On Cannabis: Sen. Gardner has long been touted as one of the most pro-cannabis Republicans in the Senate. He has sponsored and co-sponsored a number of cannabis bills, including the STATES Act and the SAFE Banking Act. However, Sen. Gardner has been unable to convince his colleagues to bring SAFE Banking up for a committee vote, or even have a simple hearing on the STATES Act. That being said, if Republicans retain control of the Senate, but Gardner loses his seat, it may have adverse consequences for the cannabis industry. 

During his time as governor, Hickenlooper actively opposed cannabis legalization, even going so far as to unsuccessfully campaign against the state’s marijuana legalization ballot referendum. He then went on to implement it after voters approved the measure. During his last year as governor, he also vetoed proposals to add autism as a medical marijuana qualifying condition, to increase flexibility for investments in the cannabis industry, and to allow dispensaries to operate tasting rooms. But Hickenlooper has come a long way since then– his campaign website states, “As U.S. Senator, I will fight to remove cannabis from classification as a Schedule I drug.” Plus, he even responded to an op-ed penned earlier this year by NCIA’s own Social Media Manager, Vince Chandler, tweeting, “Yes, I support decriminalizing & descheduling marijuana. Colorado set the gold standard, and I’m eager to work with you and Colorado’s cannabis industry and entrepreneurs to get this done in Washington.”


Incumbent: Sen. Steve Daines – Republican

Challenger: Former Governor of Montana, Steve Bullock – Democrat

The Details: Incumbent Sen. Daines was first elected in 2014 with 58% of the vote. Bullock was first elected Governor of Montana in 2012 with 49% of the vote to his opponent’s 47%. His margin increased in 2016 when he won 50% to 46%. That same year, Donald Trump (R) won Montana in the presidential election with 56% of the vote to Hillary Clinton’s (D) 36%.

Both the National Republican Senatorial Committee and the Senate Majority PAC, a Democratic PAC, have targeted the race. Prior to announcing his bid for Senate, Bullock joined the crowded Democratic presidential field before dropping out in 2019.

Implications: This year, there are two cannabis-related initiatives on the ballot in the Treasure State. Montana I-190, the Marijuana Legalization Initiative, is on the ballot and would legalize the possession and use of marijuana for adults over the age of 21, impose a 20% tax on marijuana sales, require the Department of Revenue to develop rules to regulate marijuana businesses, and allow for the resentencing or expungement of marijuana-related crimes. The second initiative, Montana CI-118, the Allow for a Legal Age for Marijuana Amendment, would amend the Montana Constitution to allow for the legislature or a citizen initiative to establish a minimum legal age for the possession, use, and purchase of marijuana, similar to the regulation of alcohol in the state constitution.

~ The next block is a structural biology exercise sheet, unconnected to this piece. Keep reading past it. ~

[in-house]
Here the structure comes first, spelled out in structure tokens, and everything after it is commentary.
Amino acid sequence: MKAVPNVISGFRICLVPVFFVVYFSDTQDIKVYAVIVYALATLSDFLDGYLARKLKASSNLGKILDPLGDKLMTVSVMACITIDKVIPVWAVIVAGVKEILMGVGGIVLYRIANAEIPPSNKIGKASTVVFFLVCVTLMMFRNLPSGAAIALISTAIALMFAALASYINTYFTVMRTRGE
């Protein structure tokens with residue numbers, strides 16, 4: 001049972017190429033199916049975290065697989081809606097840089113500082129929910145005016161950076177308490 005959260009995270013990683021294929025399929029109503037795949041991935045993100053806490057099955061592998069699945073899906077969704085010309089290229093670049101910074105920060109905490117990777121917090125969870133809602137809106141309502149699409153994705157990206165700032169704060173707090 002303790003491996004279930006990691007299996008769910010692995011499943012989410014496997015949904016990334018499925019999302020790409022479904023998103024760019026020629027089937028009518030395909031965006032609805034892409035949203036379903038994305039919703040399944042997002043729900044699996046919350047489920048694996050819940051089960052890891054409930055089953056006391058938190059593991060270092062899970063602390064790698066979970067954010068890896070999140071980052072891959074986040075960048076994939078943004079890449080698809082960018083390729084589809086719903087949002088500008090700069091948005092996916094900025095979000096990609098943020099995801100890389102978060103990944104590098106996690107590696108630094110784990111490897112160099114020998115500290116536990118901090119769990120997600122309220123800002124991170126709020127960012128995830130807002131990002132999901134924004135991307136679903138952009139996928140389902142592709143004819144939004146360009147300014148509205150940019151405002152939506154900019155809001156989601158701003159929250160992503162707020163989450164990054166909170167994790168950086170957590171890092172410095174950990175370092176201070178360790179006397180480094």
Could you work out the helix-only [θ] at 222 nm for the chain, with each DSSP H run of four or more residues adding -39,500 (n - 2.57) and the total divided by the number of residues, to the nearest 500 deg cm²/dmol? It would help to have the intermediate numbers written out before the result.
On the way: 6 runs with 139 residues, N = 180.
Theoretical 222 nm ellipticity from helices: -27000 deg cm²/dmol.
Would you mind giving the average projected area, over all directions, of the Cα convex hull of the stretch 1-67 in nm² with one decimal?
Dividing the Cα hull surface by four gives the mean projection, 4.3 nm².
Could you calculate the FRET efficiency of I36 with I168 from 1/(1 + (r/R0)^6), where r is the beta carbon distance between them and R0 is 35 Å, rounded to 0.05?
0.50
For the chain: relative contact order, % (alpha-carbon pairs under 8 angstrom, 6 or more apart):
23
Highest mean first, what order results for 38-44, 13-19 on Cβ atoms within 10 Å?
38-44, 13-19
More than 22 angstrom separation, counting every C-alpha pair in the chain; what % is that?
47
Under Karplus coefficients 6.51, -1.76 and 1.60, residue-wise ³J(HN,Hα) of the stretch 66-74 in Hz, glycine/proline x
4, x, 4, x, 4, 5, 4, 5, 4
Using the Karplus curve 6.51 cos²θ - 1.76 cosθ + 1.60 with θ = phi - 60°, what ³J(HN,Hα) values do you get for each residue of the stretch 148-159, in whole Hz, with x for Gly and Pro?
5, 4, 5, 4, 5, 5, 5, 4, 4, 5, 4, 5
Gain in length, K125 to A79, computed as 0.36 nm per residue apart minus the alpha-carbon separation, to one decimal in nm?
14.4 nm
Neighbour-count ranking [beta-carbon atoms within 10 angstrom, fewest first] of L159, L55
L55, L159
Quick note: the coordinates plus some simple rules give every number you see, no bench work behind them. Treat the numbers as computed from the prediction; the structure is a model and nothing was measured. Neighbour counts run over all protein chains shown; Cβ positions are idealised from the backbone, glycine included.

While neither Senate candidate has weighed in on the state’s cannabis initiatives, we do have some understanding of their views on the issue– Sen. Daines has consistently voted in favor of appropriations amendments related to hemp, medical cannabis, and banking. In 2015, he co-sponsored an industrial hemp bill. It’s important to note that all of these votes were more than three years ago. On the other hand, while running for president last year during July 2019, Bullock stated, “I think this [cannabis legalization] should be left up to the states. I think the federal government should get out of the way and this is a state-by-state decision.”

Now, remember to get out there and VOTE! Here at NCIA, we’ll be analyzing other initiatives, candidates, and what it all means for you and your business as we get closer to the election, and doing the same once we get the results! 




Cannabis State Ballot Measures – Facts & Figures

by Morgan Fox, NCIA’s Director of Media Relations


Ballot: Proposition 207, Smart & Safe Act (adult use)


Full language:

Main backers: Smart and Safe Arizona 

Possession: Adults 21+, 1 ounce flower or 5 grams concentrate

Home cultivation: YES, adults 121+ may have up to 6 plants in an enclosed locked location out of public view.


  • Issue no more than one marijuana establishment license per 10 pharmacies;
  • Issue no more than two marijuana establishment licenses in counties that contain no registered nonprofit medical marijuana dispensaries;
  • Issue no more than one marijuana establishment license in counties with one nonprofit medical marijuana dispensaries; and
  • Issue 26 licenses, notwithstanding the other limits, to entities qualified under the Social Equity Ownership Program.

Social Equity:
Department of Health Services would be required to establish a Social Equity Ownership Program to promote cannabis business ownership and employment for individuals from communities disproportionately impacted by the enforcement of previous marijuana laws.

Proposition 207 would establish a fund called the Justice Reinvestment Fund (JRF). Revenue in the JRF would be allocated as follows:

  • 35 percent to local public health departments in proportion to the county’s population for the purpose of providing justice reinvestment programs or giving grants to nonprofits to provide justice reinvestment programs within the county’s area.
  • 35 percent to DHS to provide grants to nonprofits to provide justice reinvestment programs in the state.
  • 30 percent to DHS “for the purpose of addressing important public health issues” that affect Arizona.

Taxes & Revenue:

Transaction Privilege Tax (currently 5.6%)

Specific 16% excise tax (non-medical)

Revenue from the excise tax and license fees would be deposited into the Smart and Safe Arizona Fund. First, revenue would be used to implement and enforce marijuana regulations. The remaining revenue would be allocated as follows:

  • 33.0 percent for community college districts;
  • 31.4 percent for municipal police and fire departments, county sheriff departments, and fire districts;